From Points West magazine
Originally published in Summer 2013
Buffalo Bill and His Horses
By Agnes Wright Spring
In the acknowledgements of her book, author Agnes Wright Spring wrote, “I wish especially to acknowledge the assistance of James White, editor of Western Farm Life, who envisaged the story and gave me the assignment in 1948.” The Buffalo Bill Center of the West thanks Alice Beatty, Agnes’s niece, for loaning her copy of Buffalo Bill and His Horses (1935) for the excerpts that follow.
William F. “Buffalo Bill” Cody was, above all else, a superb horseman with the horses linked to almost every phase of his life. Born in Iowa on February 26, 1846, Cody went with his family, by saddle, to the new western frontier called Kansas before he was eight years old.
When Cody was 10 years old, his father died, and Bill went to work for William Russell [as a teamster] in order to help support his mother. He began as a herder and had a small mule for a mount. Through hard work he rapidly advanced and in time became a wagonmaster.
After the Pony Express was inaugurated in 1860, Bill Cody, 14, became a rider [a fact often disputed by historians]. He made a name for himself for endurance as a carrier.
Later he joined the Seventh Kansas Cavalry, and then became a scout, guide and plainsman. From those early scouting days on, he was continually on horseback, except for a few years when he was playing in melodrama. He early mastered the accomplishment of riding bareback and leaping off and on his horse while the animal was galloping at full speed.
Brigham, a buffalo hunter
Brigham, a horse which Bill Cody obtained from a Ute Indian and named for the Mormon leader, was considered by him to be the best horse he ever saw for buffalo chasing. He called him the “King buffalo killer.” It was this horse that helped him to win the sobriquet of Buffalo Bill, which remained with him through life. He rode Brigham while he was hunting buffalo to supply the construction camps along the Kansas Pacific. Within seventeen months he killed, by his count, some 4,280 buffalo.
In the buffalo killing contest with Billy Comstock, one of General Custer’s guides, Buffalo Bill rode Brigham and dropped thirty-eight of the shaggy animals on his first run [compared] to Comstock’s twenty-three. His total score was sixty-nine against forty-six for Comstock. After the competition was over, Cody removed his saddle and bridle and riding Brigham bareback, guided the horse with his hand and knee into a herd of buffalo. Shooting from the horse’s back with his needle-gun, a breech-loading 50-caliber Springfield, which he called “Lucretia Borgia,” Bill Cody killed thirteen additional animals. When the Kansas Pacific suspended work in 1808, Buffalo Bill, then 22 years old, was out of work as a supplier of meat to the construction crews. In order to get money with which to take his wife and baby back to Leavenworth for the winter, Cody raffled off Brigham. Ike Bonham, holder of the lucky ticket, took Brigham to Wyandotte, Kansas, where the horse continued to hold his own in various contests of speed and endurance.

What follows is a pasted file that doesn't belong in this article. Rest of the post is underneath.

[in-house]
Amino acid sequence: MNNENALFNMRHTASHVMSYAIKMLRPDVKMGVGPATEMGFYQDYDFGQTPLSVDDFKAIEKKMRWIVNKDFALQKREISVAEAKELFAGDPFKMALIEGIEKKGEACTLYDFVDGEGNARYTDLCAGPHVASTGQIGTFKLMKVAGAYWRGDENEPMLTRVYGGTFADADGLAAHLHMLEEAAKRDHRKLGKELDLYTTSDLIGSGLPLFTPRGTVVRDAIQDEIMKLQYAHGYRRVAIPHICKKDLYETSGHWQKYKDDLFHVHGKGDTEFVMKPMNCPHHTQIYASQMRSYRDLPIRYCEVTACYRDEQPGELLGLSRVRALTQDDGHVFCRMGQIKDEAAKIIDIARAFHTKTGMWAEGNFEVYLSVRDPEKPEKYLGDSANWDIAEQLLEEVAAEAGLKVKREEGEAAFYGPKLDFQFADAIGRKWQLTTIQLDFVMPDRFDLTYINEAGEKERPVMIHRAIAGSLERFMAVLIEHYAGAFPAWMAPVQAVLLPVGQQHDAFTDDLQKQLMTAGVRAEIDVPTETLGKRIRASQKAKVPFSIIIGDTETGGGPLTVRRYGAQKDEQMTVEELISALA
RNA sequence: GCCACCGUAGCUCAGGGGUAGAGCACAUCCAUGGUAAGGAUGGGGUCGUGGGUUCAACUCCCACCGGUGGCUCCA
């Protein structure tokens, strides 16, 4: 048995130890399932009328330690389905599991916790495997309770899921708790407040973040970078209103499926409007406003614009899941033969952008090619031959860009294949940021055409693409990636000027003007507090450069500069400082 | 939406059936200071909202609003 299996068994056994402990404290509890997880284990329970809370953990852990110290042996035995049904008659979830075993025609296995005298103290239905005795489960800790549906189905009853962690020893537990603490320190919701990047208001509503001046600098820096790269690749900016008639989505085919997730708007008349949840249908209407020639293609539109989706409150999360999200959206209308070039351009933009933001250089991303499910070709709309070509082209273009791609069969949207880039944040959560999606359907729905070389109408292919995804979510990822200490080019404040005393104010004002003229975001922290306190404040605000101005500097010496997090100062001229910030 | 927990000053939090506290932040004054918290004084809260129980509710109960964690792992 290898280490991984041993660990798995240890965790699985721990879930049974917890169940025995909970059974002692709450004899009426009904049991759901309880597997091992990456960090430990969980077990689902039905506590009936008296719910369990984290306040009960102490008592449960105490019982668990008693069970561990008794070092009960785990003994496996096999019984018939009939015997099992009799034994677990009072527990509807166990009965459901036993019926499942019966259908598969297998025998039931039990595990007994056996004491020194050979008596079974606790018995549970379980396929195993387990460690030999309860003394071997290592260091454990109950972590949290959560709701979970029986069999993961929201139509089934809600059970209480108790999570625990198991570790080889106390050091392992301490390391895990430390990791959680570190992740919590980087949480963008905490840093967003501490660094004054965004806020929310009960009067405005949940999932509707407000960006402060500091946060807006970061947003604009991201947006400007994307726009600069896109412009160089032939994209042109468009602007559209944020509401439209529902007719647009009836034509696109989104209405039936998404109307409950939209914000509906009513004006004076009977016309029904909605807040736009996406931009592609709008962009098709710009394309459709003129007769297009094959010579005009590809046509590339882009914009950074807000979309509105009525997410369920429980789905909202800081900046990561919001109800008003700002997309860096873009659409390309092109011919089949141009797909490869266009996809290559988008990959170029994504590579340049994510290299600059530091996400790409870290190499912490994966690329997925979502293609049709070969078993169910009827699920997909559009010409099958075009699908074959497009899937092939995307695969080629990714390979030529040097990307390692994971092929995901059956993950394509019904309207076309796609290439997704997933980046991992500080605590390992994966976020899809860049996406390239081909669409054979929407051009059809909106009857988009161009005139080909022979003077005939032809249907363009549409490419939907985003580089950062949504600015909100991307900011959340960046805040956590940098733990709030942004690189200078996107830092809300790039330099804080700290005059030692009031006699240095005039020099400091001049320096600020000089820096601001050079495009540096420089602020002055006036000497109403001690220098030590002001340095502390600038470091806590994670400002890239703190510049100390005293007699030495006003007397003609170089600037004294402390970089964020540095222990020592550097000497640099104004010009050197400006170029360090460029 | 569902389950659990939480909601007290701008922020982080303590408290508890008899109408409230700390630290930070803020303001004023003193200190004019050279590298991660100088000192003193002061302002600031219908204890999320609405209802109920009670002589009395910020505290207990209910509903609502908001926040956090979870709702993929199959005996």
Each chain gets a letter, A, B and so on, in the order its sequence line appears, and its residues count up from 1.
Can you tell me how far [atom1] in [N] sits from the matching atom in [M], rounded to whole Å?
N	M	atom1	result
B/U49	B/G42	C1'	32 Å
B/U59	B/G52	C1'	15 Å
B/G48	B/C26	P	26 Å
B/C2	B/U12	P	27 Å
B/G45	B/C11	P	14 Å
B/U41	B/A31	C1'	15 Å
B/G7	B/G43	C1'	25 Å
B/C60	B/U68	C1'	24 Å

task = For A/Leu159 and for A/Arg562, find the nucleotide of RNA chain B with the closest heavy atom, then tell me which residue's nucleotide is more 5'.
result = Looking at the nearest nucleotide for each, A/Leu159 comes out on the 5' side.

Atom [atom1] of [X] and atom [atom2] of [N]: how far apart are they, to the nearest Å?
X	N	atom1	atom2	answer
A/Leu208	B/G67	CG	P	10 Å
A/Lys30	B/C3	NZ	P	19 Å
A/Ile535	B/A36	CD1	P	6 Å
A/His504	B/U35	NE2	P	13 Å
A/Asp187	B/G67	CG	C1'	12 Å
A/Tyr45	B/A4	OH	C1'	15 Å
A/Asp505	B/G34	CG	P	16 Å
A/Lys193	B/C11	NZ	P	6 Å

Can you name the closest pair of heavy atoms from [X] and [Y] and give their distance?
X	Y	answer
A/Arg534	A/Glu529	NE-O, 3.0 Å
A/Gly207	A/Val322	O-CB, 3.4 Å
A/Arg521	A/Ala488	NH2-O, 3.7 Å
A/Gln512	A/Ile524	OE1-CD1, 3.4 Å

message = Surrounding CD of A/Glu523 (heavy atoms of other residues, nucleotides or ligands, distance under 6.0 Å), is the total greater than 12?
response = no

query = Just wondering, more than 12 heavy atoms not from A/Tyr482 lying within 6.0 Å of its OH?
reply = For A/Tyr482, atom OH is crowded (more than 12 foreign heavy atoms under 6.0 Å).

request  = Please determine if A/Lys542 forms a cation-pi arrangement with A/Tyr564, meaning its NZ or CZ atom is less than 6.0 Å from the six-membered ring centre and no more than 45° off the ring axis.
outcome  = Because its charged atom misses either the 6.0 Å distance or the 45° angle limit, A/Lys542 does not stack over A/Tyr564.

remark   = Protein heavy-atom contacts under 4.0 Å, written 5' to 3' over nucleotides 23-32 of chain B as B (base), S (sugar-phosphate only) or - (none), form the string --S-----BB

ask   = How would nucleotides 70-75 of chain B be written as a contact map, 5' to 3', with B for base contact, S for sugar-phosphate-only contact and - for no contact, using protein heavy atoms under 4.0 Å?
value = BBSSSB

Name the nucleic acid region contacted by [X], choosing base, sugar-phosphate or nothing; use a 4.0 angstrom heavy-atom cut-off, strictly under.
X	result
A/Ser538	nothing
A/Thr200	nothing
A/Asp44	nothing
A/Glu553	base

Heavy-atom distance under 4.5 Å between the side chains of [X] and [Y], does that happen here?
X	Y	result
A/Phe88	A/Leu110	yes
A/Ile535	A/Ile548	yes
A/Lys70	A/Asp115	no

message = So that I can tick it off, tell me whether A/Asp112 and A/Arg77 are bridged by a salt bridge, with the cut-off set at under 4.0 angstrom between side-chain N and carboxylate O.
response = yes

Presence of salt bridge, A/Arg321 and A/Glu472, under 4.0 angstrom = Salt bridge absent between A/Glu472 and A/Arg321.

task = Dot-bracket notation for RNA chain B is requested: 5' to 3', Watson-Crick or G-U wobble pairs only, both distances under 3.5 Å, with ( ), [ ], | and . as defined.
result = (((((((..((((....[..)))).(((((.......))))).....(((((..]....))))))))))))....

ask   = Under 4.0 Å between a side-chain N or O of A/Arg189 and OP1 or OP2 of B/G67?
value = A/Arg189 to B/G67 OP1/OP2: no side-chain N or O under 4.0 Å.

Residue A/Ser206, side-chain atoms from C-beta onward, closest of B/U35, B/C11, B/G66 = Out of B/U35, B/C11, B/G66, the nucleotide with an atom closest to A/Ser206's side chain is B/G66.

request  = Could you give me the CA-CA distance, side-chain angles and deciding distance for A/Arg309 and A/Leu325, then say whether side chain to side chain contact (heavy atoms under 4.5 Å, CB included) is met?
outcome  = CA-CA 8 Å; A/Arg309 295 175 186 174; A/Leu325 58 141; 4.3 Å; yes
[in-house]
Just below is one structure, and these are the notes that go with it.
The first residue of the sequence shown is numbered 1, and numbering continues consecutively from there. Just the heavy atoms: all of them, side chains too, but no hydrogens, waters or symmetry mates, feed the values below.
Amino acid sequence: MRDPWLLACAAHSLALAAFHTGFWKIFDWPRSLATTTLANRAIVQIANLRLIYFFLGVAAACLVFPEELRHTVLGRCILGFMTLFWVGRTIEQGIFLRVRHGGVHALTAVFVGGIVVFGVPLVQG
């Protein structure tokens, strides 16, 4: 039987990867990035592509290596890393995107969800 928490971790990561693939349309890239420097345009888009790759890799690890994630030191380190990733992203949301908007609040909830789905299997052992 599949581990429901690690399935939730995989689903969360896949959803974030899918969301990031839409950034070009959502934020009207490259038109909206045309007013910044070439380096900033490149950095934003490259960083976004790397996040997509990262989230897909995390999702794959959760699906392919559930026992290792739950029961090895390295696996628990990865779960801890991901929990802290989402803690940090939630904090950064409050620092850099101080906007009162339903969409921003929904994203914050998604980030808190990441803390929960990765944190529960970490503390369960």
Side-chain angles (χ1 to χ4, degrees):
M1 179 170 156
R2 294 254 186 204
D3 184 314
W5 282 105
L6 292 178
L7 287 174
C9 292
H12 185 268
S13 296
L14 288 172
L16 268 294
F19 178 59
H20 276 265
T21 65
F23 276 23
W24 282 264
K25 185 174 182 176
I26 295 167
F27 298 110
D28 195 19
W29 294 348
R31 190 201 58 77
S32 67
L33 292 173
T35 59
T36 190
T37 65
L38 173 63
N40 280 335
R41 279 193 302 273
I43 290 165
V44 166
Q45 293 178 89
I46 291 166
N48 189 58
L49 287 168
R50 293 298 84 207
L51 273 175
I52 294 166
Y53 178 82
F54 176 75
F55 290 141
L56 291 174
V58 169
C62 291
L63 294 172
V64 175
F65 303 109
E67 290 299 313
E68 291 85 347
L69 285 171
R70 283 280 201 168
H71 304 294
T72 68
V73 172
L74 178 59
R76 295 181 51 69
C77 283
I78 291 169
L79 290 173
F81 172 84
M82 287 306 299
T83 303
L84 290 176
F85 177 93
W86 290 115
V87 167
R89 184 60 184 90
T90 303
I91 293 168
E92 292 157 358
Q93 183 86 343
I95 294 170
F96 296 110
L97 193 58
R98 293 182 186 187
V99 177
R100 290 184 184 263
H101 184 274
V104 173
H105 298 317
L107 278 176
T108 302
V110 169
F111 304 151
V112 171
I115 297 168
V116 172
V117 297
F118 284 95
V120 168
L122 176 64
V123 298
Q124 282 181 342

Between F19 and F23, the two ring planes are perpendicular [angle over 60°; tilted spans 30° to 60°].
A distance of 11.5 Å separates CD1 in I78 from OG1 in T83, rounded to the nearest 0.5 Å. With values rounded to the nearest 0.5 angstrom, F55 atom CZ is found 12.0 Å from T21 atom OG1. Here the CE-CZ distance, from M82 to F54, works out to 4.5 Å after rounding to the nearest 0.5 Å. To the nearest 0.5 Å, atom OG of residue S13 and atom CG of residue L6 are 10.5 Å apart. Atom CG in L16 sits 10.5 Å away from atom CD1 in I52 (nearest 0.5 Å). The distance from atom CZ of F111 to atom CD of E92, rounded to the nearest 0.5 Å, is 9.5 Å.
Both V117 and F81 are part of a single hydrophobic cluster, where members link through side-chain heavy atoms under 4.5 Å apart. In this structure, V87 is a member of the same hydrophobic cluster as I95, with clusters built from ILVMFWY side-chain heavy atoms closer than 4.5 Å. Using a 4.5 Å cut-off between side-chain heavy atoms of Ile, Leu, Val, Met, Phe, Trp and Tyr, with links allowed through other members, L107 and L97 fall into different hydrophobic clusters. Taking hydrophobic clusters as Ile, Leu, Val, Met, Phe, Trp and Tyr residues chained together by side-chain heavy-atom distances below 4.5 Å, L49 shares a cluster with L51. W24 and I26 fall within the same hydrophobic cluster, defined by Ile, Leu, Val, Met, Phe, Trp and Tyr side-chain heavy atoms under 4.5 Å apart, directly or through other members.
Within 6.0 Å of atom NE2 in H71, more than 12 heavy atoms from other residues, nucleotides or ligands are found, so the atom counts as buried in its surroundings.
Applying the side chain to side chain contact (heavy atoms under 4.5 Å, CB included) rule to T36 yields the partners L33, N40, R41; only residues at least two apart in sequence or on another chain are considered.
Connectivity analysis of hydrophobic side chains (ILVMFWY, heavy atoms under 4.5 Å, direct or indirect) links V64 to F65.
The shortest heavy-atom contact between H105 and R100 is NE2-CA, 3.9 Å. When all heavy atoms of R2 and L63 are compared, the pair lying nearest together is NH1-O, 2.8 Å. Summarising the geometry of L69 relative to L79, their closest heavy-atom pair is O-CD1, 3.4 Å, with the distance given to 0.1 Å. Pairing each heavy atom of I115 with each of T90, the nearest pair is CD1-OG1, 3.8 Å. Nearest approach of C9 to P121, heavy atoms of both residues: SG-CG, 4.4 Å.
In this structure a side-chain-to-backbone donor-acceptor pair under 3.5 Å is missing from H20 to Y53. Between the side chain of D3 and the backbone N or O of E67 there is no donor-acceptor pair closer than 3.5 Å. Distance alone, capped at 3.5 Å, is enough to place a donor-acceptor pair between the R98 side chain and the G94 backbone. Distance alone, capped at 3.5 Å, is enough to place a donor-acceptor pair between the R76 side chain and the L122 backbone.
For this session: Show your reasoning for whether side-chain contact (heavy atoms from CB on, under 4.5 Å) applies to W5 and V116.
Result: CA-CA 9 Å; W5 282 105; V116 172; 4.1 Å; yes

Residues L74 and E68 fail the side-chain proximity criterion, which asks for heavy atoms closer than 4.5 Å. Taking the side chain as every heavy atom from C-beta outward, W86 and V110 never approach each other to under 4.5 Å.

Buckskin Joe, the lifesaver
Rated almost as high as Brigham as a buffalo hunter was another Indian pony, Buckskin Joe, an army horse, which Cody rode on and off on scouting and hunting expeditions from 1869 to 1872. Although “rather sorry looking,” this horse was known all over the frontier as the greatest long distance horse of his day.
Old Buckskin was said to have been Buffalo Bill’s favorite on the trail when work was dangerous. Cody usually rode another horse and let Buckskin Joe follow along to be used for reserve in case Cody had to make a run for his life. Buckskin Joe instinctively scented danger and showed his fear at once. He was almost human in thrusting his head into the bridle and in standing still to be saddled. The longer the chase, the better the pony seemed to like it.
In the great buffalo hunt engineered by General Phil Sheridan and staged along the Republican River for Grand Duke Alexis of Russia in 1872, Cody permitted the duke to ride Buckskin Joe. Frank Thompson, a fox hunter of Pennsylvania, also shared this honor. Later, Thompson, who became president of the Pennsylvania Railroad, referred to him as “the most celebrated horse of the plains.”
Several times, because of his endurance ability, Buckskin Joe carried Buffalo Bill to safety from Indian attacks. One terrific ride, however, of 195 miles from the headwaters of the Republican River to Fort McPherson was too much for the loyal animal. The strain of the trip caused him to go blind. When in 1877, Buckskin Joe was condemned by the government and sold at public sale, Dave Berry of North Platte [Nebraska] bought him and gave him to Cody. Cody kept him at the ranch and cared for him until he died of old age. The horse was buried and a tombstone was erected over his grave which was inscribed: